Research has indicated that climate change could kill more than half a million people globally by the year 2050 — and, not only does President Donald Trump not have a plan to fight it, his administration has taken steps to silence those who might.
Luckily for the planet, other countries are stepping up to the plate to help mitigate the damage that Trump's negligence may do.
It's telling that Trump has indicated in the past that he may not even believe climate change is real — although he has wavered on its plausibility. But Trump's actions in his first days in office paint a bleak picture of how the new regime will address the issue of a warming planet.
Shortly after his inauguration, references to climate change on the White House website disappeared. Then on Tuesday, the Trump administration reportedly instructed the Environmental Protection Agency to remove the climate change page from its website. An agency employee told Reuters "If the website goes dark, years of work we have done on climate change will disappear."
That same day, Trump banned EPA employees from speaking to the press or giving updates on social media. "President Donald Trump and his team are pursuing what I call a 'control-alt-delete' strategy: control the scientists in the federal agencies, alter science-based policies to fit their narrow ideological agenda, and delete scientific information from government websites," Alden Meyer, director of strategy and policy for the Union of Concerned Scientists, told the BBC on Wednesday.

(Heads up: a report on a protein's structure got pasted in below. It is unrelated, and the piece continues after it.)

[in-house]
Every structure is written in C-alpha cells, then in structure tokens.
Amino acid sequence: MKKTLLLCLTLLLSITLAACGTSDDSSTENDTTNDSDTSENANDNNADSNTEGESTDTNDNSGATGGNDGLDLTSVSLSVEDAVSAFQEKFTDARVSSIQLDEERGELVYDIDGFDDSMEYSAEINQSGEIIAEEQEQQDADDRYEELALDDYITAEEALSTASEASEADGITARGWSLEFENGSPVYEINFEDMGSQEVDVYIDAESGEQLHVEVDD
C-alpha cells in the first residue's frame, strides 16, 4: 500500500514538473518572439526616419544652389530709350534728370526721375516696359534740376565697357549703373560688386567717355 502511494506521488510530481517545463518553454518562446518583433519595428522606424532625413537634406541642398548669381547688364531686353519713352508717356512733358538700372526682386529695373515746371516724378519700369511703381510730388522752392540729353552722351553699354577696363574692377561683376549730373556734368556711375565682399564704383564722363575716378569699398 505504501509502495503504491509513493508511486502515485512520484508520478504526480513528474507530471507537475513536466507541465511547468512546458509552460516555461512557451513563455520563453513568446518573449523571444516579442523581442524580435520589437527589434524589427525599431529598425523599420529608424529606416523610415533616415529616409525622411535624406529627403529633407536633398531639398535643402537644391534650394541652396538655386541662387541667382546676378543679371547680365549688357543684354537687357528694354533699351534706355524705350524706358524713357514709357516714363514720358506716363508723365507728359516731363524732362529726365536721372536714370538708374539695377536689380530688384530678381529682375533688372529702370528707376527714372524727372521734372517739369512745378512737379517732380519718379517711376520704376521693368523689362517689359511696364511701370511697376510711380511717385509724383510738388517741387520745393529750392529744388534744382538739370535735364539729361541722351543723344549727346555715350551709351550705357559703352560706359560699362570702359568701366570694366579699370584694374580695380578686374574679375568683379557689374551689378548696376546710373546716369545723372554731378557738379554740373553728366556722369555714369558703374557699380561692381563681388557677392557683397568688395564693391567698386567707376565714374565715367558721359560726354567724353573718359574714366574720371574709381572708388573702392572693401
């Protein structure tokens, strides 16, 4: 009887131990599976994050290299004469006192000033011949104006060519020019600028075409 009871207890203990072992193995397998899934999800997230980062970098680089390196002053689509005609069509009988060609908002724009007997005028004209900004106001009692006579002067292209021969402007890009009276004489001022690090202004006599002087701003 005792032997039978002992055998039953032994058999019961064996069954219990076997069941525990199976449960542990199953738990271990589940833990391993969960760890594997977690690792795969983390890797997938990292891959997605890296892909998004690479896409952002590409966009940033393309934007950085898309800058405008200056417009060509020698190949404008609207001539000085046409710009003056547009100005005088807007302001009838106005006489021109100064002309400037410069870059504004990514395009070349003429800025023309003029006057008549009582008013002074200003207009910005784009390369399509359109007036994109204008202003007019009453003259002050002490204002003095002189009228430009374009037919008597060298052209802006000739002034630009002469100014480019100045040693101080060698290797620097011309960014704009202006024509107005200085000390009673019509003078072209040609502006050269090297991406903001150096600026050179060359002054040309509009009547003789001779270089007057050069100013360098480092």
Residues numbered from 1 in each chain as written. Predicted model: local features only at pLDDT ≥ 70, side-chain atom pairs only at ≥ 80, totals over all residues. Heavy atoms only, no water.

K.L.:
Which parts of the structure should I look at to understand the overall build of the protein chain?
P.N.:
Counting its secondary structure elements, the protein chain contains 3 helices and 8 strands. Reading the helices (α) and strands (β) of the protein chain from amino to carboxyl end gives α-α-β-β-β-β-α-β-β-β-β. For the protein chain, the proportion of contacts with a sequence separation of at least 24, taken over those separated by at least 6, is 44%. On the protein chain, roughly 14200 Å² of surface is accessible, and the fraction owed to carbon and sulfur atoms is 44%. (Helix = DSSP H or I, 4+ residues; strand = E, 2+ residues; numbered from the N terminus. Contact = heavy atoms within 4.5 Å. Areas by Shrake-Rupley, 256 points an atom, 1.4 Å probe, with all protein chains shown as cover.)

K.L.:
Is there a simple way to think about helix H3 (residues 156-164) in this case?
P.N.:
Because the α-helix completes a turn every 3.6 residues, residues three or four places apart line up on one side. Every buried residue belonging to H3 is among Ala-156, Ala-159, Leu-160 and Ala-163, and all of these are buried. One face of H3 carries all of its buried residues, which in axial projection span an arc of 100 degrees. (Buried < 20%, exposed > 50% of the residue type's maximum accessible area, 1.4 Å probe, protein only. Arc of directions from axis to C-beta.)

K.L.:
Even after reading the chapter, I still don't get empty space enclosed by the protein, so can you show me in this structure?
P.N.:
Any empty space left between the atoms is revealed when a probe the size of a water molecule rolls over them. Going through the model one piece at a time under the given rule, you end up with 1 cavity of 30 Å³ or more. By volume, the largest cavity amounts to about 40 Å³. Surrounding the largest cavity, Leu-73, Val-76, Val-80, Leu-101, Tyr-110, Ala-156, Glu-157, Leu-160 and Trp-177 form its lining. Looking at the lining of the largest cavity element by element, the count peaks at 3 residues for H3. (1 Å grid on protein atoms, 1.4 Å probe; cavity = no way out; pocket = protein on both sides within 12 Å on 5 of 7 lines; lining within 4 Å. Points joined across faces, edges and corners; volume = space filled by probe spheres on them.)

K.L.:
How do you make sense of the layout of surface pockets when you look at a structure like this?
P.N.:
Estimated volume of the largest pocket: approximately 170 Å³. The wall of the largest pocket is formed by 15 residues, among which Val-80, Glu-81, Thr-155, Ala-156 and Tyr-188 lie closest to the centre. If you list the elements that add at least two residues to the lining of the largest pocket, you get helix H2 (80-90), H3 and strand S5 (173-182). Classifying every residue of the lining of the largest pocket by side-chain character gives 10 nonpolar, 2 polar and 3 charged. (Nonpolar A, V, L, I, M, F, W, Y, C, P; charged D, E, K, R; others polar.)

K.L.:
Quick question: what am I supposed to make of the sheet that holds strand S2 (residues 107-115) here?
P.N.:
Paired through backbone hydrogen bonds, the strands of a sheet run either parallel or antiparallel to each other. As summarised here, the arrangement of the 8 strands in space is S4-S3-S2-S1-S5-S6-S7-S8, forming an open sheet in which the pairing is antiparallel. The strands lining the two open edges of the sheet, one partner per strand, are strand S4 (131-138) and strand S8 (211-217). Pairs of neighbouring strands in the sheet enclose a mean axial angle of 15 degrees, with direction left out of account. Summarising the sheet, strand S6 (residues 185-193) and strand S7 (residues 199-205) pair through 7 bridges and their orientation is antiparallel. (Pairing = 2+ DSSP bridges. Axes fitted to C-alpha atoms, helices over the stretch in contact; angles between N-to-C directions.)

But, even as the United States appears to give up the fight to curb the dangers of climate change, other countries are stepping forward to attempt to fill the gap. On Tuesday, the EU's European Investment Bank pledged "to maintain its target" of investing around $20 billion a year over the next five years to fight climate change, the Independent reported.
"We, Europeans, must lead the free world against climate skeptics," EIB president Werner Hoyer said at a press conference in Brussels, Reuters reported. "We aim to provide $100 billion for climate action over the next five years, the largest contribution of any single multilateral institution."
And the EU may be fighting climate change without the help of the U.S. for the next five years — but it won't be going at it solo. China, the country that Trump once accused of inventing the concept of climate change, is poised to take a leadership role in the fight against climate change "by the end of this decade," according to a report in the Guardian, as Chinese leaders see greater environmental and economic value in the cause.
In an address to the United Nations earlier this month, Chinese President Xi Jinping made his position clear — saying "there is only one Earth in the universe and we mankind have only one homeland," the Guardian reported. "China will continue to take steps to tackle climate change and fully honor its obligations."
China is the world's biggest polluter, so there's plenty riding on Xi's promises to join the efforts — but nothing says more than the deafening silence on climate change coming from the leader of the world's second biggest polluter, President Donald Trump.